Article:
Smell:  Loads of juicy citrus and pineapple.  Notes of orange, tangerine, grapefruit, mango, pineapple, and papaya.  This beer smells amazing!  The juicy aroma just begs you to dive in to drink this one.  The large amount of hopstand and dryhops make this an expensive one to brew, but its so worth it.

Taste:  A soft initial bitterness, just enough to let you know its an American Double IPA.  In line with what you’d expect from the New England Pales.  The bitterness gives way to huge orange citrus, pineapple, mango, and passion fruit like flavors from the hops.  There’s just a hint of pleasant graininess from the malts in the finish.  As usual, Wyeast 1318 London Ale III adds some pleasant fruit esters that perfectly compliment the American hops.

Mouthfeel:  Really smooth and soft.  Medium carbonation.  This beer drinks smooth and almost creamy, but it still finishes dry enough that it leaves you craving another sip.  Way more drinkable and refreshing than an 8% beer has any right to be and I love it!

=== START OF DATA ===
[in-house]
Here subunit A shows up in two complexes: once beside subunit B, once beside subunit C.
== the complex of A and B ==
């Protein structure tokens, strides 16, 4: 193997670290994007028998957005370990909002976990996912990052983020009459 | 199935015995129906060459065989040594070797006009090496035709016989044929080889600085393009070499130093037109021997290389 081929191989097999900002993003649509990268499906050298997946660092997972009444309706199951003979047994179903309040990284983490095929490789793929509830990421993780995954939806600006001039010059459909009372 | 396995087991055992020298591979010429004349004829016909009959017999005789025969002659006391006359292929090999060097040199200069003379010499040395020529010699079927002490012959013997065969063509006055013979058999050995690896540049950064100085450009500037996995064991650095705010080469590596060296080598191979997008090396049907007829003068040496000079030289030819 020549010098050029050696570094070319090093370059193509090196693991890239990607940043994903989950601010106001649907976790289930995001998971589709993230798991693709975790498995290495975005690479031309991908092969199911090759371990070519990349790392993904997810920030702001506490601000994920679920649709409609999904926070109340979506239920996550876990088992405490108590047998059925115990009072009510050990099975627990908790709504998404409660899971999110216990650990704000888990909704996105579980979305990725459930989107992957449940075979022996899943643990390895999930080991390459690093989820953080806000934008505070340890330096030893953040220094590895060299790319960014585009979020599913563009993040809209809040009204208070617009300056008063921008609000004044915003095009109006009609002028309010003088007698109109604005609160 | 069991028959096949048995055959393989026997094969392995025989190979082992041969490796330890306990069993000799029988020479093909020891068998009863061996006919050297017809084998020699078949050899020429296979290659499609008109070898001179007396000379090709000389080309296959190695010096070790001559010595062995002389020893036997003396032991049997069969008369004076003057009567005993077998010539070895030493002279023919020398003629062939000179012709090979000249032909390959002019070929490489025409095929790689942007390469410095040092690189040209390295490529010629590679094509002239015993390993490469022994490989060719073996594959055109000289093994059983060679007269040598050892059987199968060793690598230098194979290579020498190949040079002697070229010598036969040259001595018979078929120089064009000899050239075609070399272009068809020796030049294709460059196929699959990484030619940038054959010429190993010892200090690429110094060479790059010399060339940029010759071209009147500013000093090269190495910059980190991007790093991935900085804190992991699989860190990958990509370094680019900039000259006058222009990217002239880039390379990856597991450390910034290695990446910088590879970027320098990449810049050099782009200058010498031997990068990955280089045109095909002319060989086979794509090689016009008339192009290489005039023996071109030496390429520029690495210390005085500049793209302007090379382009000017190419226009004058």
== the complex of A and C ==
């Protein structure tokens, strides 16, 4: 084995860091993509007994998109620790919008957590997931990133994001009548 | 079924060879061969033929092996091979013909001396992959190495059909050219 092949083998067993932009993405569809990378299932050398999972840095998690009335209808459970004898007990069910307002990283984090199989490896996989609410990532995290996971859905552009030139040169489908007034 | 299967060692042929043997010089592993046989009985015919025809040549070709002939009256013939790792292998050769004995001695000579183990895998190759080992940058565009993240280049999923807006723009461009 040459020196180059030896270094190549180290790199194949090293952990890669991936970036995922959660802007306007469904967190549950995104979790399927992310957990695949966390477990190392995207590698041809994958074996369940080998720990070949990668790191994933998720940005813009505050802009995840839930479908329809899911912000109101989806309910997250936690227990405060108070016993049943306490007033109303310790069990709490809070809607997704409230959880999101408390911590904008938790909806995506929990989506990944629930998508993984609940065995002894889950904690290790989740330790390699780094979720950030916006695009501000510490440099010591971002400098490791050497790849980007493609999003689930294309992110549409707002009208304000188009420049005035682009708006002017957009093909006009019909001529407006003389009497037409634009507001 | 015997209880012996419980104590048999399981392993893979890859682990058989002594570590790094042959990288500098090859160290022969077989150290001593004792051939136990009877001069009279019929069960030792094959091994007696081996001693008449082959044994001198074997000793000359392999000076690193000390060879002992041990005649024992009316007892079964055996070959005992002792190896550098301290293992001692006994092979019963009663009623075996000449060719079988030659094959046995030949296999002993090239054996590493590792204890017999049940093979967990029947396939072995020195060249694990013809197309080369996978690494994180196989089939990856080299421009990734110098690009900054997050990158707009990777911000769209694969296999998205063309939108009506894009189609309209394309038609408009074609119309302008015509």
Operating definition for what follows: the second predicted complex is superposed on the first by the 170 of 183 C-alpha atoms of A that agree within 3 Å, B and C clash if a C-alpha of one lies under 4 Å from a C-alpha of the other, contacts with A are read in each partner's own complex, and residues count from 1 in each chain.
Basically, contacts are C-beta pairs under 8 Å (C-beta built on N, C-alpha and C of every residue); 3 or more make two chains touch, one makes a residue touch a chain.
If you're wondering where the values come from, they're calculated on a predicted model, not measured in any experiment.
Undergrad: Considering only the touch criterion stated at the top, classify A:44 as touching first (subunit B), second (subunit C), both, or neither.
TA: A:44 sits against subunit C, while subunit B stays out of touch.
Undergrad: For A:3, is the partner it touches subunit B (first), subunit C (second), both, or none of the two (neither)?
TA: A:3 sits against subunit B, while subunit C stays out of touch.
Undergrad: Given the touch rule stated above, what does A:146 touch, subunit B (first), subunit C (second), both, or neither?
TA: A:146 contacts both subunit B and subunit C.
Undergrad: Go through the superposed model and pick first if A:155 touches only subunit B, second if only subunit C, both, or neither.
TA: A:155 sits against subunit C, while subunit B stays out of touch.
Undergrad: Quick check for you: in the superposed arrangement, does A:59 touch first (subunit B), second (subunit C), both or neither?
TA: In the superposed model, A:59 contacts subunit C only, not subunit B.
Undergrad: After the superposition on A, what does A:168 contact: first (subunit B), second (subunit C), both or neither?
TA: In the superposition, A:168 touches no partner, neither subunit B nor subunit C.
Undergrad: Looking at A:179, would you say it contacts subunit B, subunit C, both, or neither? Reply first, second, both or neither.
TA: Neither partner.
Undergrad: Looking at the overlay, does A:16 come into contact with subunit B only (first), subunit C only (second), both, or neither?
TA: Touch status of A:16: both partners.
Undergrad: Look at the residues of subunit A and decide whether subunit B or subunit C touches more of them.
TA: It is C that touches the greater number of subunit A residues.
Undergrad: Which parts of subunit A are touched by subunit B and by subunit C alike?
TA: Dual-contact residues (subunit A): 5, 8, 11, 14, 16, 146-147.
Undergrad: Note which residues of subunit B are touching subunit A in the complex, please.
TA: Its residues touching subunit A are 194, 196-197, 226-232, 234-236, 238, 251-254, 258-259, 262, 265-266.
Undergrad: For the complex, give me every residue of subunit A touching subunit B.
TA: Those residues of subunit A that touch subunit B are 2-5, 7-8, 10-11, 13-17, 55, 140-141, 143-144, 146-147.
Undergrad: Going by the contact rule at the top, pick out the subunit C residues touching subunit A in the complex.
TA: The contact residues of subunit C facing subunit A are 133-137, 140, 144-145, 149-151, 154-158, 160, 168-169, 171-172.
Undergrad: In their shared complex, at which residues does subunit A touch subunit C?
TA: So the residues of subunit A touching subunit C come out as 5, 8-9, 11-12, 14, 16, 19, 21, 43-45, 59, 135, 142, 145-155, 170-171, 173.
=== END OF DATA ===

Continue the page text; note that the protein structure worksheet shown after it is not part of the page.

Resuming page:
Overall:  My favorite beer I brew finally came together EXACTLY how I wanted to!  The extra gypsum in the mash didn’t negatively impact the beer in any perceptible way, and the brew day and fermentation came together exactly as planned.  I’m thrilled with this beer.  I honestly cannot think of a single thing I’d change.  I feel like I say that with a lot of the beers I wind up pleased with, but I’m a tinkerer.  This is finally a beer I’ve fine tuned enough that there is nothing I’d change at all here.  This brings me to an exciting new challenge, and that’s being able to re-brew this beer with consistency.  I’ll make this beer again and again, and my goal now is to maintain the quality of this brew and keep my process consistent!  If you’re reading this blog and are looking for ideas, try this out.  Like I said, its my favorite beer I brew and this is the best batch to date.  Consider this recipe locked in!